Matt Willhite taps firefighter union cash to haul in $54K in March for Palm Beach Commission bid
TALLAHASSEE, FLA. 3/4/22-Rep. Matt Willhite, D-Wellington, speaks against HB1197 restricting the ability of unions to have their membership dues withdrawn from employee paychecks, Friday at the Capitol in Tallahassee. COLIN HACKLEY PHOTO

Just $12,000 separates Matt Willhite and first-place fundraiser Michelle Oyola McGovern in a Palm Beach Commission race.

With a $54,000 haul consisting mostly of firefighter union dollars, Rep. Matt Willhite edged closer last month to retaking first place in a four-way fundraising push for the Palm Beach County Commission seat representing District 6.

Willhite held $275,000 between his campaign account and political committee, Floridians for Public Safety, as of March 31. About $70,000 of that is money left over from previous fundraising pushes for the House seat he’s vacating in November.

Even though she raised less than Willhite did last month, Baptist Health Government and Community Relations Director Michelle Oyola McGovern, a fellow Democrat and longtime head staffer for former U.S. Sen. Bill Nelson, still holds a $12,000 lead in the contest.

They face Primary opponent Sylvia Sharps, a county water utility grant writer and prior Palm Beach Commission candidate. Sharps trails a distant third in overall funds raised.

The winner of that contest will square off against real estate agent Sara Baxter, the sole Republican in the race, to determine who will replace Commissioner Melissa McKinlay on the county dais. McKinlay, who has endorsed McGovern as her preferred successor, must leave office in November due to term limits.

Of Willhite’s March gains, $50,000 came from one source: the Professional Firefighters/Paramedics of Palm Beach County, a local union to which he belongs.

Willhite is an active firefighter and paramedic, and he’s enjoyed healthy support from organizations backing his profession. Since he filed to run for the County Commission last April, that union alone has donated $67,000 to his political committee, accounting for 59% of its intake the past year.

Over that same period, several other firefighter organizations, including the Jacksonville Association of Firefighters, Miami Firefighters, Dade County Firefighters, Florida Professional Firefighters and the International Association of Firefighters contributed a combined $7,000, not counting any donations individual firefighters made.

Fifteen people last month gave Willhite checks ranging from $10 to $1,000.

The Belle Glade-based Sugar Cane Growers Cooperative of Florida gave $500.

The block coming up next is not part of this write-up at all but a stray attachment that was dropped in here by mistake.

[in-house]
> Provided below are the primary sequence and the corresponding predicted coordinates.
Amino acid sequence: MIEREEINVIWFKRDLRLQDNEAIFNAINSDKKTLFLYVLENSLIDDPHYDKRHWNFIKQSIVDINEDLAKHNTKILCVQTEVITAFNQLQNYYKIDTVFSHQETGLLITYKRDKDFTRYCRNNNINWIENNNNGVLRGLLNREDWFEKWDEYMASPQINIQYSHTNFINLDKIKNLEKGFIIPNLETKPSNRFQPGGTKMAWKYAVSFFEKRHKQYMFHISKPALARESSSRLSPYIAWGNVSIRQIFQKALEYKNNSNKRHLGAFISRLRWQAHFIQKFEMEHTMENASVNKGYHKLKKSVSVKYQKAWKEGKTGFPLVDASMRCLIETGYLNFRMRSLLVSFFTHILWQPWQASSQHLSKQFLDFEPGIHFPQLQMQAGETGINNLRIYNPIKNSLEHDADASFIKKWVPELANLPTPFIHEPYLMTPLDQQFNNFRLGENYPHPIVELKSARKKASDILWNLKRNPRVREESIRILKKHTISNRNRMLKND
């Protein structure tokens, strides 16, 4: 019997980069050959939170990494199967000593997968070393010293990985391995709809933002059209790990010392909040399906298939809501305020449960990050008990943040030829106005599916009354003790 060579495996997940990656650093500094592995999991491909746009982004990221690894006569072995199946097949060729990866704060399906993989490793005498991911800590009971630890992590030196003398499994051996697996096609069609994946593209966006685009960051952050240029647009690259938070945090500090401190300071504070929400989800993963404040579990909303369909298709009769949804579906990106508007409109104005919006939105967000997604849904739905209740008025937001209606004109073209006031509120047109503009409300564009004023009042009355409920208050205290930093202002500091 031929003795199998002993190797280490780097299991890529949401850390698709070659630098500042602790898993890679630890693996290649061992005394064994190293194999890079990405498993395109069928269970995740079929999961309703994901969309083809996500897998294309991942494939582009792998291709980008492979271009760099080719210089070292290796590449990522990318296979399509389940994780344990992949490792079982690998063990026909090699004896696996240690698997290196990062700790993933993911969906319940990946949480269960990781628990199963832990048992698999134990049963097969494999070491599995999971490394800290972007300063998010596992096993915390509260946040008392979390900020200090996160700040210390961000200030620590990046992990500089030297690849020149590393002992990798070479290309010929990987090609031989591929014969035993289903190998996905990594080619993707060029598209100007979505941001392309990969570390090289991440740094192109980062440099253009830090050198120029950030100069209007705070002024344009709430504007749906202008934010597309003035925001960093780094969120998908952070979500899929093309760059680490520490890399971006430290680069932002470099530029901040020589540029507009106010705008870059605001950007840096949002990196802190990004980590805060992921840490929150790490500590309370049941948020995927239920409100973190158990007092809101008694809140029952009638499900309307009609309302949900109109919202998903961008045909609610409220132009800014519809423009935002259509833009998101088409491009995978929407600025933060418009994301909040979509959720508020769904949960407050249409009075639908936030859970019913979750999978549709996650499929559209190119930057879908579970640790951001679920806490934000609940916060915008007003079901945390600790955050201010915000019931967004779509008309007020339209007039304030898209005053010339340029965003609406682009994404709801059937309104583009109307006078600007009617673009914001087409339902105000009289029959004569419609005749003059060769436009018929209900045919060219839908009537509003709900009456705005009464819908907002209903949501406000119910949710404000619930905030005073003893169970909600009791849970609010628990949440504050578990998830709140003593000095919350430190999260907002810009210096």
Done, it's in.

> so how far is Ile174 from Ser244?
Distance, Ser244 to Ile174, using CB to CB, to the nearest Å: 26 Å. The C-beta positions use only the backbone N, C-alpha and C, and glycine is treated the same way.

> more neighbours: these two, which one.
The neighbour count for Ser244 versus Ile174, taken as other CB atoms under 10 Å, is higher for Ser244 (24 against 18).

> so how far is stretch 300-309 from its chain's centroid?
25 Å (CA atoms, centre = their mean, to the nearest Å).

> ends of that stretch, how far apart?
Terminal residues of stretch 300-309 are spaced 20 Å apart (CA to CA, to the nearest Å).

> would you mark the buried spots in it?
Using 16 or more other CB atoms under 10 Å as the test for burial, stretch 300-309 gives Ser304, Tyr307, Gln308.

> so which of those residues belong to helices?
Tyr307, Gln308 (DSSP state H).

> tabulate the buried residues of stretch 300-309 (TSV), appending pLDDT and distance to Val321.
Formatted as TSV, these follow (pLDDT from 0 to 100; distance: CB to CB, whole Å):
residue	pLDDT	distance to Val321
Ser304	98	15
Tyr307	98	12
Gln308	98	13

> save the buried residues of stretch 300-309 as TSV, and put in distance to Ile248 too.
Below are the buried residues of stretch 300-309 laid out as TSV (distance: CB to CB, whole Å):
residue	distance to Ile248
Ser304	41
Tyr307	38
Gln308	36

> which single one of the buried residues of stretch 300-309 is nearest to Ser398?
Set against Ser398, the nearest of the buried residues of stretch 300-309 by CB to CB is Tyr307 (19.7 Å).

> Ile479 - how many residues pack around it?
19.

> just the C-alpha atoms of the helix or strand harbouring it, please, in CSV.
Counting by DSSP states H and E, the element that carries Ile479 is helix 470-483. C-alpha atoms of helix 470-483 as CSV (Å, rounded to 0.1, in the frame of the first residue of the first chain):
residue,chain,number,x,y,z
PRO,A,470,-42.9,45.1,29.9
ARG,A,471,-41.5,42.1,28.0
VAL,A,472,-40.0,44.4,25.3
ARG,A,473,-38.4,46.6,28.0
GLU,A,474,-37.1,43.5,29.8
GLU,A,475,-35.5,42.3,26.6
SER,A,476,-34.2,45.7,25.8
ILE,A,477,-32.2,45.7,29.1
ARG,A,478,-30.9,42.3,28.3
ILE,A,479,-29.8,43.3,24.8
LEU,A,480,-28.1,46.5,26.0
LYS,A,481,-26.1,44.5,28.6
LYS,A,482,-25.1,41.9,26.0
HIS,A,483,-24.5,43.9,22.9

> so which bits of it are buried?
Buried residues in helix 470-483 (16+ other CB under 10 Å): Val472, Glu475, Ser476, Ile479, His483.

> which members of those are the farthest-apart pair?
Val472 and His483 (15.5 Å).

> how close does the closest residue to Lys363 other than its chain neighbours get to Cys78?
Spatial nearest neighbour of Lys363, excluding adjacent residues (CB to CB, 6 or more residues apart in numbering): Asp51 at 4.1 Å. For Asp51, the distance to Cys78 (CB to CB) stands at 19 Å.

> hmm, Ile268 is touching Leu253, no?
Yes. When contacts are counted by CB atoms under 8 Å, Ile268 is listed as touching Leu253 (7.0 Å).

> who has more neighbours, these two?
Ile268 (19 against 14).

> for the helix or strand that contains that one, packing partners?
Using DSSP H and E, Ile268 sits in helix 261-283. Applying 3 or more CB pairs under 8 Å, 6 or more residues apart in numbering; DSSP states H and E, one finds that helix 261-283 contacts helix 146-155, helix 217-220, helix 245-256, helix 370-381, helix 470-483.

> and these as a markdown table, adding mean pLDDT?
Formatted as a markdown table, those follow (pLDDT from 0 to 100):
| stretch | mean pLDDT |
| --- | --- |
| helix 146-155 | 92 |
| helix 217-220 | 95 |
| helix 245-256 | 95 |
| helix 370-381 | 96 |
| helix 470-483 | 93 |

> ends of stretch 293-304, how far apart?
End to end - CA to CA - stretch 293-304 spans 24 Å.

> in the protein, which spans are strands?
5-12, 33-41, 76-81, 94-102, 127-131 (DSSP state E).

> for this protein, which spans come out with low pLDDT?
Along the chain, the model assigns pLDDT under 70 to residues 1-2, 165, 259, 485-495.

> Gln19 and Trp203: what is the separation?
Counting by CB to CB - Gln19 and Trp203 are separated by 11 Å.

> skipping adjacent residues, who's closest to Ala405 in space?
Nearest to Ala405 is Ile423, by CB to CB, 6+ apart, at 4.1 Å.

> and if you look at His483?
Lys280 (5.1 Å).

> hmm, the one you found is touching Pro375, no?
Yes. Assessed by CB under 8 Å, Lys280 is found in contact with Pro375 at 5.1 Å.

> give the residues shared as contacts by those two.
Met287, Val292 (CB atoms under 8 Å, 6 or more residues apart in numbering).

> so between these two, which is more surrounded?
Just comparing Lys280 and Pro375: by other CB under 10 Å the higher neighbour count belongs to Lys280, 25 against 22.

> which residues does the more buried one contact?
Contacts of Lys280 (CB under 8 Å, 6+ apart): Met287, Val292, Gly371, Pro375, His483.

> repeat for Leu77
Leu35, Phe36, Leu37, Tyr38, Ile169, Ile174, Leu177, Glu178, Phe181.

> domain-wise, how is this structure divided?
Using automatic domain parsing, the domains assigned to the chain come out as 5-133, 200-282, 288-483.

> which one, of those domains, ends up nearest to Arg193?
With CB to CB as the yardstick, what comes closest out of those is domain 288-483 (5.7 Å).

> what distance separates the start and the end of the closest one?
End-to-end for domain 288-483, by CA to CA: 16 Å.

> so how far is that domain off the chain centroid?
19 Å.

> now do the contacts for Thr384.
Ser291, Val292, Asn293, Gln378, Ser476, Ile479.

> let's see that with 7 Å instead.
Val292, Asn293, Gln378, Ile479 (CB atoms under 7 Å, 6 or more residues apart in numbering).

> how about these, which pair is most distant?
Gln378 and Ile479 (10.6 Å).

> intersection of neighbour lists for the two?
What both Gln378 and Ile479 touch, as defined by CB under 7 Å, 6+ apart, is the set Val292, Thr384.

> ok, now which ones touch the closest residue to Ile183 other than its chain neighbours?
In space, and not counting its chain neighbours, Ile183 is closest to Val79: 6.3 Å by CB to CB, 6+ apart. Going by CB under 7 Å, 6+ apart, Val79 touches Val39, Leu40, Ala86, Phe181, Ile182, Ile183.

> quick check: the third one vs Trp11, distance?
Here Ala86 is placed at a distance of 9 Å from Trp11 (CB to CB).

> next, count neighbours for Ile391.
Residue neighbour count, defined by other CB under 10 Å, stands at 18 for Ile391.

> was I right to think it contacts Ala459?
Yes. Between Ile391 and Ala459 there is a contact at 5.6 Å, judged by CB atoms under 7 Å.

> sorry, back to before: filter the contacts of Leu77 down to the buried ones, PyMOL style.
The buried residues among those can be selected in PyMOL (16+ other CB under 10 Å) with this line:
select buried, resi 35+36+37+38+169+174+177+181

Willhite spent $1,300 in March. All but $100 of it went to Democratic voter database NGP Van for “voter access.”

McGovern, meanwhile, amassed $34,000 between her campaign account and Team McGovern, a political committee she shares with her husband, Wellington Village Councilman John McGovern, who won re-election March 8. Since launching her campaign last April, she has raised more than $300,000. She still had $287,000 as of March 31.

Baxter took a distant third place in fundraising last month with just $2,400, roughly half of what she spent that period.

She held just shy of $16,000 as of March 31.

Most of the funds Baxter took in last month came through individual donations. Eight people gave her checks ranging from $25 to $1,000.

Conservative political committee Keep Florida Red gave Baxter $500.

One private business, Wellington-based Florida Interventional Pain Management, donated $50.

Baxter spent about $5,000 in March. Of that, $3,000 was a self-reimbursement.

Almost $1,200 went toward various campaign costs — Facebook advertising, email marketing, donation processing fees and event and food expenses for an event at Renegades Country Bar & Grill in West Palm Beach.

Another $550 went to Temple Terrace-based consultant Melissa Moore.

Sharps’ campaign has raised nearly $13,000 since its onset, including $1,300 collected in March.

She had about $8,500 left after spending $580 last month on booths at a pair of local events, advertisements and website costs.

All but $300 of her gains last month came from real estate development firm NDT.

Three people donated a combined $170. Lantana-based restaurant company JC’s Tall Glass gave another $100.

The Palm Beach County Commission in December approved a new map for the 2022 election. District 6 underwent minor changes, but boundaries remained largely similar to the current setup.

Candidates faced a Monday deadline to report all campaign finance activity through March 31.

Jesse Scheckner

Jesse Scheckner has covered South Florida with a focus on Miami-Dade County since 2012. His work has been recognized by the Hearst Foundation, Society of Professional Journalists, Florida Society of News Editors, Florida MMA Awards and Miami New Times. Email him at [email protected] and follow him on Twitter @JesseScheckner.


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